Development of a Natural Laboratory for the Study of Acid Mine Drainage

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Ohio State University. Water Resources Center

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A small drift mine in Vinton County, Ohio, has been characterized and instrumented to permit a detailed study of the influence of oxygen concentration, microgiological factors, and hydrologic features on rate of pyrite oxidation within the system. This experimental mine will be treated as a pilot-scale reactor to obtain information in a natural environment on the kinetics of the reaction responsible for acid mine drainage. Six observation wells were dug and core samples taken at selected points surrounding the mine to establish ground water table and the aquifer supplying the mine. Base rate data of acid run-off as a function of water flow rate and water level in observation wells were collected. The mine was sealed and maintained under a slight positive pressure of nitrogen. Oxygen concentration dropped to less that 2 % in three months. When "sealed" in a conventional manner, the atmosphere in the mine never dropped below 10 % oxygen after being closed for several years. Acid run-off decreased approximately 50 % after six months under nitrogen pressure. The response time of the mine to imposed changes and characterization of reaction sites, in terms of physical and chemical environment, as well as location, are now being studied.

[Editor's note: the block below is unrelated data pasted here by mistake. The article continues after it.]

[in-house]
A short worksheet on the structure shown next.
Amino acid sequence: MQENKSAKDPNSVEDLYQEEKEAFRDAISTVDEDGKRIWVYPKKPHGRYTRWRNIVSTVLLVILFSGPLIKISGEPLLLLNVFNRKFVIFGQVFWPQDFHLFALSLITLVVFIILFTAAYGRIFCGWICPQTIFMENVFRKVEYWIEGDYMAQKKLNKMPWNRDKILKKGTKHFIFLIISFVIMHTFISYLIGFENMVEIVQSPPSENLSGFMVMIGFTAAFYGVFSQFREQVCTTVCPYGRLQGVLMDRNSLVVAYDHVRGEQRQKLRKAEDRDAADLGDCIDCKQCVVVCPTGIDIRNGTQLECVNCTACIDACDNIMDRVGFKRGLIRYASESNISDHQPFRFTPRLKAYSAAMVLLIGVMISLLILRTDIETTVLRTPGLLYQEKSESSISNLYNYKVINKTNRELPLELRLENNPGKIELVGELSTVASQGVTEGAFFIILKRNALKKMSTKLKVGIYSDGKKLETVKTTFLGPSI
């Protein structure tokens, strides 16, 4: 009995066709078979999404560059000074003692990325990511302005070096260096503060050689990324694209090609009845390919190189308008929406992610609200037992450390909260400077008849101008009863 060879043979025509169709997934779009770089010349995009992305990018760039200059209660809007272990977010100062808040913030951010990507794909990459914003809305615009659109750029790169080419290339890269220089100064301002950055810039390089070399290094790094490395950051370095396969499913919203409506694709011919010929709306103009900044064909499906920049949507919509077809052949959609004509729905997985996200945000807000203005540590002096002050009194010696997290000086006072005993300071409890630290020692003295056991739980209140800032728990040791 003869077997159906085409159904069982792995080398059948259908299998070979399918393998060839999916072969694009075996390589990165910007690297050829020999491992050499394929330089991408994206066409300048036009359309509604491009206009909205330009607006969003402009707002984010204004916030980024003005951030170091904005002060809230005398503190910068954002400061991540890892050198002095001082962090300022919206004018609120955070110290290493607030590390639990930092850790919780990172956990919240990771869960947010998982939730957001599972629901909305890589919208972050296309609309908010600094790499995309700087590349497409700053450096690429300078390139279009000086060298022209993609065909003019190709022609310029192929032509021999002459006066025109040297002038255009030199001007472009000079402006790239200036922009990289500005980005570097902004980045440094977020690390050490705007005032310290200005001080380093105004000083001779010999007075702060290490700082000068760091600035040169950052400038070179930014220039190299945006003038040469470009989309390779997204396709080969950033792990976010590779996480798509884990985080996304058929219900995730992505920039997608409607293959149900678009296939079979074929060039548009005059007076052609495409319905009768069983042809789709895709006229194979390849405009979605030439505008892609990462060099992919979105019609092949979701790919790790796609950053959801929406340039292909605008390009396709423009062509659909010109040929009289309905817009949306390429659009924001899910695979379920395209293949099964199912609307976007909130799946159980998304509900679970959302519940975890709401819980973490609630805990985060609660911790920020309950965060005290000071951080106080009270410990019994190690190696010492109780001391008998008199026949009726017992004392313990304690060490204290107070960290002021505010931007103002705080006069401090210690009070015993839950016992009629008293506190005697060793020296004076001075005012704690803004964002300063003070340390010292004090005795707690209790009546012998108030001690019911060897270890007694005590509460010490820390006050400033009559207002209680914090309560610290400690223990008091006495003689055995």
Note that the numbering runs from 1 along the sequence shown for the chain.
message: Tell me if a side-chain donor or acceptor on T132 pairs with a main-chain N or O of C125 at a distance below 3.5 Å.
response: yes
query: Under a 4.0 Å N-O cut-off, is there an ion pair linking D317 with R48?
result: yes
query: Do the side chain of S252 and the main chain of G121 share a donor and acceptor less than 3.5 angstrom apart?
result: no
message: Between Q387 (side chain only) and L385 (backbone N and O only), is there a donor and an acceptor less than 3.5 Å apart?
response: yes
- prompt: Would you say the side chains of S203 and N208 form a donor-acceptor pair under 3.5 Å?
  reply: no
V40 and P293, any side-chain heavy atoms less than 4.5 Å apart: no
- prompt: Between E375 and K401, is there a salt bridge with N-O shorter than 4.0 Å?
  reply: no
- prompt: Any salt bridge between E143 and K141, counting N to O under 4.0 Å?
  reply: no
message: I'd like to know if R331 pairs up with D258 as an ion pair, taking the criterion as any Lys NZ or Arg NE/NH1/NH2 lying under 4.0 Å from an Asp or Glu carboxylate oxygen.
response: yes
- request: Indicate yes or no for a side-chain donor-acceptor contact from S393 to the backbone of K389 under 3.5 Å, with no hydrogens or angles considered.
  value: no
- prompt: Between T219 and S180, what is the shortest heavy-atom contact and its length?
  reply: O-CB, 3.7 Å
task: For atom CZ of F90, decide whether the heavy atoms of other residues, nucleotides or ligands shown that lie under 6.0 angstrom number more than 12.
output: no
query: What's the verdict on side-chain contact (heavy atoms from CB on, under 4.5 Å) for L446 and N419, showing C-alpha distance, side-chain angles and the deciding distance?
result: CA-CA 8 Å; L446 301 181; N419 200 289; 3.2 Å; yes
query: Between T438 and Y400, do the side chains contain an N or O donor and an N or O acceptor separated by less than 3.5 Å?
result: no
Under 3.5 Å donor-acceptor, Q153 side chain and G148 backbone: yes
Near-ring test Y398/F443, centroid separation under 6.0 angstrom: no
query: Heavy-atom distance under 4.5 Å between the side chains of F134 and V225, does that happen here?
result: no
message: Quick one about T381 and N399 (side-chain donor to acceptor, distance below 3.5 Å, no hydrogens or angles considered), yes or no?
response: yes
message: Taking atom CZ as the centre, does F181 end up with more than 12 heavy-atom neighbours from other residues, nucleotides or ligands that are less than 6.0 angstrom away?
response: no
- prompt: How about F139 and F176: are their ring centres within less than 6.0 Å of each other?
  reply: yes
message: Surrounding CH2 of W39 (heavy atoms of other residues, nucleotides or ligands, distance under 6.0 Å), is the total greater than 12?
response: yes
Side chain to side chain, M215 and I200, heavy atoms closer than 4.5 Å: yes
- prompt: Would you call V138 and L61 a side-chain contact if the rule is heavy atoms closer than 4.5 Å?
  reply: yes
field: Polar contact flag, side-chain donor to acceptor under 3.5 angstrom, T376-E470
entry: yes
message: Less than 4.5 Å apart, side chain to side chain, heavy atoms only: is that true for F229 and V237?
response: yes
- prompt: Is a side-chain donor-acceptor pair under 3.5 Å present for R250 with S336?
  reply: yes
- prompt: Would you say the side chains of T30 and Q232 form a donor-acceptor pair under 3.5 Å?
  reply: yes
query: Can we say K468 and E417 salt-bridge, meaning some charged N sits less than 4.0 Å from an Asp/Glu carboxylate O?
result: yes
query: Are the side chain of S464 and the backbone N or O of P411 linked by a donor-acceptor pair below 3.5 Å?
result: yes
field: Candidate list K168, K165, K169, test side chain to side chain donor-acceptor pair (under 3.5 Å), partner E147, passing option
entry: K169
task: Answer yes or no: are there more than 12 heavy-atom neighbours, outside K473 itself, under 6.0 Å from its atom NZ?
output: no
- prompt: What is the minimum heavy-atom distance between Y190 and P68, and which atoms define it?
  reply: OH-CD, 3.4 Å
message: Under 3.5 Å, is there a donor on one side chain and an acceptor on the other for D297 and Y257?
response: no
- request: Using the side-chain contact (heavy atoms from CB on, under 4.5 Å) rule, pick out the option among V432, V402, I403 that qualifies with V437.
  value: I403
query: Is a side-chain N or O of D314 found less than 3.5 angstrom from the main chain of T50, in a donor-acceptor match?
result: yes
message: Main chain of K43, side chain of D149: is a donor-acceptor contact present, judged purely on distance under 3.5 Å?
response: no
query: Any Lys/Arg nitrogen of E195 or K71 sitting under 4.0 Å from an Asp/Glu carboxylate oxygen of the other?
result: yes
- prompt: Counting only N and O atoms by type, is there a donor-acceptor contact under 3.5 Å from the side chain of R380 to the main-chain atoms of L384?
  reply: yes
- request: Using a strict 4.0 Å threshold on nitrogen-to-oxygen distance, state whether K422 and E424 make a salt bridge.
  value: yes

acid mine drainage, acid run-off